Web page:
Injuries to the mouth can cause teeth to be pushed deeper into their sockets. Your endodontist or general dentist may reposition and stabilize your tooth. Root canal treatment is usually started within a few weeks of the injury and a temporary medication, such as calcium hydroxide, will be placed inside the root. Eventually, a permanent root canal filling will be placed.
Sometimes a tooth may be pushed partially out of the socket. Again, your endodontist or general dentist may reposition and stabilize your tooth. If the pulp remains healthy, then no other treatment is necessary. However, if the pulp becomes damaged or infected, root canal treatment will be required.
If an injury causes a tooth to be completely knocked out of your mouth, it is important that you are treated immediately. If this happens to you, keep the tooth moist. If possible, put it back into the socket. A tooth can be saved if it remains moist. You can even put the tooth in milk or a glass of water (add a pinch of salt.) The length of time the tooth was out of your mouth and the way the tooth was stored will influence the prognosis for keeping the tooth.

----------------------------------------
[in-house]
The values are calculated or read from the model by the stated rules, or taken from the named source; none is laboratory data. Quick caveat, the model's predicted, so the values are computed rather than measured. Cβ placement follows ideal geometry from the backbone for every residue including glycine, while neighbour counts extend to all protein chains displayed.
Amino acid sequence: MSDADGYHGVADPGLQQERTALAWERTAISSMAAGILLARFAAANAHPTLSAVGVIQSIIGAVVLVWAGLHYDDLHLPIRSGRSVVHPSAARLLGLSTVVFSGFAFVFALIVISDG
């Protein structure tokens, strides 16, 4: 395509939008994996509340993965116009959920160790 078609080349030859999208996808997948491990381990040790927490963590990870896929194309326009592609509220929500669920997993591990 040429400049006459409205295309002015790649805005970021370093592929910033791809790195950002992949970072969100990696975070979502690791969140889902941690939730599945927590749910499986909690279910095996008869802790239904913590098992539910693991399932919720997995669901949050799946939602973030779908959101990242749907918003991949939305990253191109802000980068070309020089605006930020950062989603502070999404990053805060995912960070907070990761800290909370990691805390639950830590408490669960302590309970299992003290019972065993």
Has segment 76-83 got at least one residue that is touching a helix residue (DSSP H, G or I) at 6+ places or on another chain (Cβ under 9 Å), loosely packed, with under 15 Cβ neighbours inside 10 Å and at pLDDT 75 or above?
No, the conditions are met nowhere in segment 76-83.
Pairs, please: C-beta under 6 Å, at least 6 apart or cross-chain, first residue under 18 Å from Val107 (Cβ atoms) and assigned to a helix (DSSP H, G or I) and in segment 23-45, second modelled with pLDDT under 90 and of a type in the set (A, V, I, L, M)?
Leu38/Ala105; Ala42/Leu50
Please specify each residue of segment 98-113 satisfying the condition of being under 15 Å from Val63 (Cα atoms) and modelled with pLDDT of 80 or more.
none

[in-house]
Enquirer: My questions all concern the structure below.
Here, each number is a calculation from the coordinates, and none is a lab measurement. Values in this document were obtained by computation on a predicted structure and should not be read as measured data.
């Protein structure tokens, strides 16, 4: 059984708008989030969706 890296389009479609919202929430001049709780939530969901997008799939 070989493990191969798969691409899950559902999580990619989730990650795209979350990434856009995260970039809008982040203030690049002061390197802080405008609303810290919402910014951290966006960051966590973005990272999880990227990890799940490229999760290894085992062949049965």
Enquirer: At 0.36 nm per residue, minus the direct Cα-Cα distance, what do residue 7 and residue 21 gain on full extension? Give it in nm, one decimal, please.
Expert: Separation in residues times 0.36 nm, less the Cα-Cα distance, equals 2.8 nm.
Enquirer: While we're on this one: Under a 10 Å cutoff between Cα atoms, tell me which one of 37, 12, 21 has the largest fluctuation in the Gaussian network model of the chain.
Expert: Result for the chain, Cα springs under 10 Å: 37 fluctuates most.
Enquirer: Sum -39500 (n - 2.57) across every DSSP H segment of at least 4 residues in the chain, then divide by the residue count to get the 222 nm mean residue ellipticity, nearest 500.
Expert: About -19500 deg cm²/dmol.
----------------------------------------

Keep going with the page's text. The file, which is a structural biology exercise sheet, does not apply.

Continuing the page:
Injuries in children
This procedure encourages the root to continue development as the pulp is healed. Pulp tissue is covered with medication to encourage growth. The tip of the root (apex) will continue to close as the child gets older. In turn, the walls of the root canal will thicken. If the pulp heals, no additional treatment will be necessary. The more mature the root becomes, the better the chance to save the tooth.
In this case, the unhealthy pulp is removed. The Endodontist places medication inside the root to induce closure of the the root tip. This closure provides a barrier which keeps the root canal filling material in its proper position. At this point, the canal walls will not continue to develop, making the tooth more susceptible to fractures. Therefore, it is important to have the tooth properly restored by your dentist.